Jennifer Martelli

After JFK’s Assassination, (Kitty Genovese Was Murdered) Things Got Really Bad

Why are you writing about her?

                   Kitty puts things in order for me, things I thought I’d forgotten:

Do you miss those things? 
                   all the earth tones. I try to describe the color of blood: copper and
                   baked red, my front steps, bricks, terra cotta. Kitty Genovese was
                   menstruating that night, the Kotex was held in place with the garter straps,
                   how my mother showed me. It was in his way but 

How does Kitty order things?

                   she was not his first. He burnt the first one: lit a chiffon scarf on fire and
                   stuck it up there inside of her. He made sure he burnt her there and no one
                   knew who did this to poor Annie Mae Johnson because she was black,
                   and Kitty was white. He burnt the first one before she was even
                   dead. My mother

Do you miss your mother? What she told you?

                   said she would lose her mind if me or my sisters died
                   before she did, told me never to talk that way but I feared she
                   would die before me. I feared it and she did die before me. She had
                   a turban: sheer ecru that only showed her black window’s peak
                   she wore it to be dressy and when she’d come home it smelled like
                   menthol Trues. Kitty’s mother’s heart was broken. She couldn’t
                   walk down the aisle in the church past the people in the wooden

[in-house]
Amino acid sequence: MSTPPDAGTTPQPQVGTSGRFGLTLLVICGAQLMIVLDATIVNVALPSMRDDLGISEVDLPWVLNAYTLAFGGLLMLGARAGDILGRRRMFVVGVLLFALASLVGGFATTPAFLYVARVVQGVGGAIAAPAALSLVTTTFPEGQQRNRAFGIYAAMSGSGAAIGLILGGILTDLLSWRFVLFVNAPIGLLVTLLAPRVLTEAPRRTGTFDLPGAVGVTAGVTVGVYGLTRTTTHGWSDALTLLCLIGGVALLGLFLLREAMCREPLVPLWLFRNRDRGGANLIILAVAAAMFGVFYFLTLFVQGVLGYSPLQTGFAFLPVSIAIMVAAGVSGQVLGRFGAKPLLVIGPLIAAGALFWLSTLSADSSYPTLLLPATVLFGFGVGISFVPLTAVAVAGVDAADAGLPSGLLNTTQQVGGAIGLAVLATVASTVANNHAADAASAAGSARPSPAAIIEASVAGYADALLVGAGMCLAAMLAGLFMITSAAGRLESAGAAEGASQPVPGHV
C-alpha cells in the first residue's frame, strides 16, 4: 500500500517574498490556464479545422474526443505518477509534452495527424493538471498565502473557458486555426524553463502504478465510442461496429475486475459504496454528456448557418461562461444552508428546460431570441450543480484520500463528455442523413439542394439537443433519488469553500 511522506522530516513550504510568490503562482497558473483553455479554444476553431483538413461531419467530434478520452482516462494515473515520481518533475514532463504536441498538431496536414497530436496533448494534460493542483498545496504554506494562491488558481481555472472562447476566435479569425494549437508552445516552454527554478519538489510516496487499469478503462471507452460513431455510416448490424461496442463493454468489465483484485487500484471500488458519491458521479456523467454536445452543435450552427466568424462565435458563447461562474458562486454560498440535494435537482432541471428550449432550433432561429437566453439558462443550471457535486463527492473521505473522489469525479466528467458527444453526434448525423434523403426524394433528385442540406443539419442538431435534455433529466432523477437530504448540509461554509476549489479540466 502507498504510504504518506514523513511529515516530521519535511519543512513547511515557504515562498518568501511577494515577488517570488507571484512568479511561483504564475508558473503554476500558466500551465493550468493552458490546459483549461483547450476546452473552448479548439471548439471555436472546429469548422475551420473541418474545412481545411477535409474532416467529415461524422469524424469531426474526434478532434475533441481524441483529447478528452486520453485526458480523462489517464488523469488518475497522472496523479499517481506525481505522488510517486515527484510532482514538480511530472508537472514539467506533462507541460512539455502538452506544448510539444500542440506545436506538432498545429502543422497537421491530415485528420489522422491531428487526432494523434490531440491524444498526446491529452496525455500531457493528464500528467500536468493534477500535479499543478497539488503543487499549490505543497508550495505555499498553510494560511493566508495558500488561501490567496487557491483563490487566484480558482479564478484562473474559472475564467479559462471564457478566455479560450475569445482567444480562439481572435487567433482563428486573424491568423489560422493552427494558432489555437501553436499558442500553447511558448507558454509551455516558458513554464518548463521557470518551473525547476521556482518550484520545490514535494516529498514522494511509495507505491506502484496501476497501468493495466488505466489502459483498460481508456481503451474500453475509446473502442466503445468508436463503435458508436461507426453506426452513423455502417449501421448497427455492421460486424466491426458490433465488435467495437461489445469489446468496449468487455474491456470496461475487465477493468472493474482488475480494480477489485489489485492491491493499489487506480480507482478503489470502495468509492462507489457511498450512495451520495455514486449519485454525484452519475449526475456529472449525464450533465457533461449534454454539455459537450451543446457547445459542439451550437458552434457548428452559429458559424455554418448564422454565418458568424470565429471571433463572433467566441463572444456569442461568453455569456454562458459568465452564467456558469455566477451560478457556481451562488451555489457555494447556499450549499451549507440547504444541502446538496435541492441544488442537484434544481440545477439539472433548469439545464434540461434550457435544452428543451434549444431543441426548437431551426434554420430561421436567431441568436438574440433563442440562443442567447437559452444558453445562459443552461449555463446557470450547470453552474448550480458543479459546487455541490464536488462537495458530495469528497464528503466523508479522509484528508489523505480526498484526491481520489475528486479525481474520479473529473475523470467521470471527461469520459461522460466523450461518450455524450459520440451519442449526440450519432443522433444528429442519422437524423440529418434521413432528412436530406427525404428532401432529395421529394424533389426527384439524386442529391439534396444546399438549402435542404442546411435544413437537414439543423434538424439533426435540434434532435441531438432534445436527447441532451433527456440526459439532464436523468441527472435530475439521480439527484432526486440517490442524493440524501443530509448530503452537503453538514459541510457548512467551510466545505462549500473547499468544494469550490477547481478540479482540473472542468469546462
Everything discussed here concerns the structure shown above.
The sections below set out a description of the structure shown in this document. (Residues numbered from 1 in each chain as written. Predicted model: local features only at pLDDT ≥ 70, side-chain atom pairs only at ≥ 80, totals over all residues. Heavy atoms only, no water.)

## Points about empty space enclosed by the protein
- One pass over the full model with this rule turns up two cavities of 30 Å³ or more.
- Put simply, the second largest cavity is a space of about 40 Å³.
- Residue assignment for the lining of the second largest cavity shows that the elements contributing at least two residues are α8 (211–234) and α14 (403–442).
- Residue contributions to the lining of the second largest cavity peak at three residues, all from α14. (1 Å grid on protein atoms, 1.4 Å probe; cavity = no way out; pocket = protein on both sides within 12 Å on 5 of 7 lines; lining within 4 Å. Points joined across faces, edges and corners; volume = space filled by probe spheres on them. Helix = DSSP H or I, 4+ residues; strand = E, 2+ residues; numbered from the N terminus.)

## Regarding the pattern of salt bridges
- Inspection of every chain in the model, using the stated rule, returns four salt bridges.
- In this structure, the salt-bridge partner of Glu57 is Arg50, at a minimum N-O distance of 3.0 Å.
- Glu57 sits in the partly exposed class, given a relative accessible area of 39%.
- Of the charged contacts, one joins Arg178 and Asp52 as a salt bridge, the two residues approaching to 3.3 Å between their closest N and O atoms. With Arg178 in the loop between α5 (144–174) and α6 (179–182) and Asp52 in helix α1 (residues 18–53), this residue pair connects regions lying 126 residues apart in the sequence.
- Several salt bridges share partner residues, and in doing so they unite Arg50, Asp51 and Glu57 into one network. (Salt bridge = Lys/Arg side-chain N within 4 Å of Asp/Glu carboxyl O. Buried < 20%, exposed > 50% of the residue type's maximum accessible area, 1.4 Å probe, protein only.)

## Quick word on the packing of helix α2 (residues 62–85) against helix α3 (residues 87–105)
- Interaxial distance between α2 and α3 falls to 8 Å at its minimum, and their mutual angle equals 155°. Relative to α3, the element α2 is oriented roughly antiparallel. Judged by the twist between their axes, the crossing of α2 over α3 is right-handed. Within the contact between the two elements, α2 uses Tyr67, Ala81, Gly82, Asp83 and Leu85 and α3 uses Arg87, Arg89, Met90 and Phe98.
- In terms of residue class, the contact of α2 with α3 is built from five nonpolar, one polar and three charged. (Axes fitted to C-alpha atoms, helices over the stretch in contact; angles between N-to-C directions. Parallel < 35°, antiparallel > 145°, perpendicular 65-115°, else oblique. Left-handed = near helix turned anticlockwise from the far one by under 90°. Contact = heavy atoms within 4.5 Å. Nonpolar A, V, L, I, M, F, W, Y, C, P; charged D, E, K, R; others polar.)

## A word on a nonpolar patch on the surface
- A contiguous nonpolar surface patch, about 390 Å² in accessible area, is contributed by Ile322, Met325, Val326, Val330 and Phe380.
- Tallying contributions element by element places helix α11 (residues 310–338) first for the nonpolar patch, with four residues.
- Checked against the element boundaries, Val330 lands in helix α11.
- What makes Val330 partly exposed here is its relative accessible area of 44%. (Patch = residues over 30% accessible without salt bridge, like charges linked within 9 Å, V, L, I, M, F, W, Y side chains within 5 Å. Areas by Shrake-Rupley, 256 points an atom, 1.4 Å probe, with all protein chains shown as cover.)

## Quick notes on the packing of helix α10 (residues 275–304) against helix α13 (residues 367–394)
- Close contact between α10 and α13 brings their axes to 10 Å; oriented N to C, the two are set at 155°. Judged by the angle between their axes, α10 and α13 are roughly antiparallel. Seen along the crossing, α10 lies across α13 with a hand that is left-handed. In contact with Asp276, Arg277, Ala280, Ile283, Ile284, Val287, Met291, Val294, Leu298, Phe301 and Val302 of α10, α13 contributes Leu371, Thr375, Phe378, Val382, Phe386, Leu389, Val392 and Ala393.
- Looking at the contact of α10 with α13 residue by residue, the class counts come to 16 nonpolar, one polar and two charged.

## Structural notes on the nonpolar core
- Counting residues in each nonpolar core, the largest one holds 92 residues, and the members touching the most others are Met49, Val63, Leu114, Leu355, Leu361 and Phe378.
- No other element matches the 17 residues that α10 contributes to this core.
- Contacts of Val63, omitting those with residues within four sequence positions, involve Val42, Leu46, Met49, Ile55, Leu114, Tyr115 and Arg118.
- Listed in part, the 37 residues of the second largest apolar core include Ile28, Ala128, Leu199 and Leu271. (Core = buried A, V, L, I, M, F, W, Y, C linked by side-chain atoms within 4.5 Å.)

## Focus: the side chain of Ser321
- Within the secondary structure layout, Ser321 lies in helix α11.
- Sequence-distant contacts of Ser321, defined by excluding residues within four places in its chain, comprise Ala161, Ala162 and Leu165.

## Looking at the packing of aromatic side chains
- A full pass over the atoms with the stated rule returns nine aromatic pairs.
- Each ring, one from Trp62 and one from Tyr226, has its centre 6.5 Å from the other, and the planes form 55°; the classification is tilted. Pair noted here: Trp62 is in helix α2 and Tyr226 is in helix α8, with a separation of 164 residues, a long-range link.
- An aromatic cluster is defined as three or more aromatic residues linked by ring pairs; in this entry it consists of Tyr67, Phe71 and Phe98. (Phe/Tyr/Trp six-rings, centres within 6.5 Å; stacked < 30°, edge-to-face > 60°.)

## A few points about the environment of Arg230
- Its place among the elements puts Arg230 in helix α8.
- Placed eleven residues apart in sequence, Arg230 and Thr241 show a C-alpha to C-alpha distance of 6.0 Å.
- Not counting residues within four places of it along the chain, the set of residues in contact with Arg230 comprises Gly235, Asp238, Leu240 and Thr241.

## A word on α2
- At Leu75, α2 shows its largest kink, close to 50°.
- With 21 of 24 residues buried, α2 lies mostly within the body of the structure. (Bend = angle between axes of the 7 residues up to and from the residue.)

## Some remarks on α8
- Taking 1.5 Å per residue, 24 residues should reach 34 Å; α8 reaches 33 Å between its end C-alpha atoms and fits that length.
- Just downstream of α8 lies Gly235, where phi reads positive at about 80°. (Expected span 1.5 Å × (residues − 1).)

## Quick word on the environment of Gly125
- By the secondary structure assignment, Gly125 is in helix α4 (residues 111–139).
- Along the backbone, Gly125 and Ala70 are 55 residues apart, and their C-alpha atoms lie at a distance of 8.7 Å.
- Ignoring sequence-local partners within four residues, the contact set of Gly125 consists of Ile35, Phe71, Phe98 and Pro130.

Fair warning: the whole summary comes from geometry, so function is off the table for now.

pews. She wasn’t told about her daughter’s deflated lungs or how he
                   flung the Kotex to the corner of the vestibule. She wouldn’t ever go
                   back to Queens not even for the ’64 World’s Fair. But I feel like I 

How does Kitty order things?

                   remember the big TVs in Almy’s Department Store, two whole aisles of
                   RCAs built into wooden consoles and the antennae like antlers and
                   everybody was silent or crying. One woman said we’re glued here we’re
                   glued to the TV. They said they killed the President because he was
                   catholic. My mother held my hand. I didn’t know what that meant. I was
                   afraid, my mother was crying. We went home and she made me sit on the
                   terra cotta front steps of our new ranch home. She gave me
                   something sweet and cold. My mother

Why are you writing about her?
                   looked beautiful in her chiffon turban. 

                   She had a tin ashtray from the ’64 World’s Fair in Queens.

                   I saw a burnt out building with Kitty’s face 
                   spray painted on the old baked brick. Block words
                   circled her like a halo: what is true? who will tell?

Jennifer Martelli’s debut poetry collection, The Uncanny Valley, was published in 2016 by Big Table Publishing Company. She is also the author of the chapbook Apostrophe (Big Table) and the chapbook After Bird (Grey Book Press). Her work has appeared in Thrush[PANK]Glass Poetry JournalThe Heavy Feather Review, and Tinderbox Poetry Journal. Jennifer has been nominated for Pushcart and Best of the Net Prizes and is the recipient of the Massachusetts Cultural Council Grant in Poetry. She is a book reviewer for Up the Staircase Quarterly, as well as a co-curator for The Mom Egg VOX Blog Folio